Thursday, 18 February 2016

Praying in the Name

I have done quite a lot of thinking about the idea of Jesus' name - but today I put it into practice with what appeared spectacular results during a flight I took today. Theology in practice - it doesn't prove anything, but as a believer, I am very encouraged with this perspective.

I am no longer a huge fan of flying. Well, that's not quite accurate I suppose. I am a big fan of getting somewhere quicker. What I do not enjoy is turbulence, after a really horrid experience about a year ago, where I thought I might actually die (by the way, thinking about death can be a good practice - the generations of Jewish and Christian belief did not hide this reality of human life, see here also for an interesting cultural slant from Bhutan, some of the happiest people on Earth apparently).

Studying the Bible with more intensity over the last two years has lead me to detect some differences between modern and ancient terminology in Christianity. One of those words is "name".

The ancient world thought more holistically than we do. They were still keen to make some important distinctions to avoid misinterpretation (written almost 2000 years ago, the apostle Paul writes in 1 Corinthians 15:27 For ‘God has put all things in subjection under his feet.’ But when it says, ‘All things are put in subjection’, it is plain that this does not include the one who put all things in subjection under him. I believe this is such a key verse because it shows how important distinctions always have been. So what of being holistic? Being holistic means keeping the rest of the context in perspective. You don't look at the atoms of a caterpillar's leg and forget that it's a caterpillar's leg. You don't look at the belief apparatus of a specific aboriginal tribesman concerning the afterlife and disregard the wider beliefs held by his people group at this time.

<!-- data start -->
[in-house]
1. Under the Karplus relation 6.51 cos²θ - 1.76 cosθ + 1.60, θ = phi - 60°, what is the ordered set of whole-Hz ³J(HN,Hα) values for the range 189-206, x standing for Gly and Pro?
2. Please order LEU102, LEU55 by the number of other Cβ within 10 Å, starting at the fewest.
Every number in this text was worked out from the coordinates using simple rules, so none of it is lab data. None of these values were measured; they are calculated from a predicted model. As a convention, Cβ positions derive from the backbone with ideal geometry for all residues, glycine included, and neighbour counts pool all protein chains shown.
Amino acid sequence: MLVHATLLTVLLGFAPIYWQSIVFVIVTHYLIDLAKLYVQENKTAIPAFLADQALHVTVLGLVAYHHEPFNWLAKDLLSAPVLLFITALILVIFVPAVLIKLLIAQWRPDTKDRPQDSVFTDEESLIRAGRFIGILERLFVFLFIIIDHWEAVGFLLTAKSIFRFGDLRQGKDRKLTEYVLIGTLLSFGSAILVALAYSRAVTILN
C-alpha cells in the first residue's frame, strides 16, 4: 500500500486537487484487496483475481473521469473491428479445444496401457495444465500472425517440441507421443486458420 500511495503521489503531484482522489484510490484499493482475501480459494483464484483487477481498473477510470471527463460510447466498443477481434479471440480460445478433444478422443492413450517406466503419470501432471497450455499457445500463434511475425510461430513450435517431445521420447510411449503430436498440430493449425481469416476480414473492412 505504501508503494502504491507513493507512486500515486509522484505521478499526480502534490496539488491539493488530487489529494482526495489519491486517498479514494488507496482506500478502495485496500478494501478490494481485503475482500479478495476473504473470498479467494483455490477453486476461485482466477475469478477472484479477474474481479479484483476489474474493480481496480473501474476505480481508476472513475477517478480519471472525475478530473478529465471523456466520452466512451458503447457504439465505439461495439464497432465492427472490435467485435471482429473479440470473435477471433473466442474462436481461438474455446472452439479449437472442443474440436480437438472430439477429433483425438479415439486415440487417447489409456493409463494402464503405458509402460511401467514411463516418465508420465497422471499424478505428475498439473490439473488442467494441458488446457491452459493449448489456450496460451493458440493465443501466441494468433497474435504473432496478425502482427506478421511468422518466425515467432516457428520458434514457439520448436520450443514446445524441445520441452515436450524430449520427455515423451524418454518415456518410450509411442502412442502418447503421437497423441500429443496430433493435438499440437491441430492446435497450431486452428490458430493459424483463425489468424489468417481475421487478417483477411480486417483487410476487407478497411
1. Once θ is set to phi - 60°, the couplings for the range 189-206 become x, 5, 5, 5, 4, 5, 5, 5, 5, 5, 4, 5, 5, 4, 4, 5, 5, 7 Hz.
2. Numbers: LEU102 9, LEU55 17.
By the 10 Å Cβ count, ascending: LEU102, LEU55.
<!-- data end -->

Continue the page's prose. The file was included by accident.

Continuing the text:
In philosophy we want to be black and white. But particularly in relation to ancient ways of thinking and in many non-western cultures today, that does not work so well. So we have to speak of "senses" when we do detailed word analysis in order to avoid contradiction by sane authors. The example I took in my paper Trinitarian Interpretations was from John 7-8. At one point, John has Jesus saying to his listeners that they do know him and where he is from and then a few verses later he is saying that they **don't** know Jesus (compare 7:28 and 8:19).

What am I trying to say? Philosophy wants to separate what is essential to something and what is not. It is frustrating to have to confess that, while distinctions remain important and necessary as we have seen, the essential and non-essential properties debate does not seem to work out neatly in theology with relation to "Jesus" and "name".

Have you ever noticed how there is not really a word in the Bible for "title"? There is a reason for that. A title can be something utterly exterior or peripheral to one's self-understanding in the West. It can be a 9-to-5 job, one even that you don't enjoy very much, like "Ground-Floor Office-cleaner". It does not matter at all if this role is fulfilled by Tom, Dick or Harry.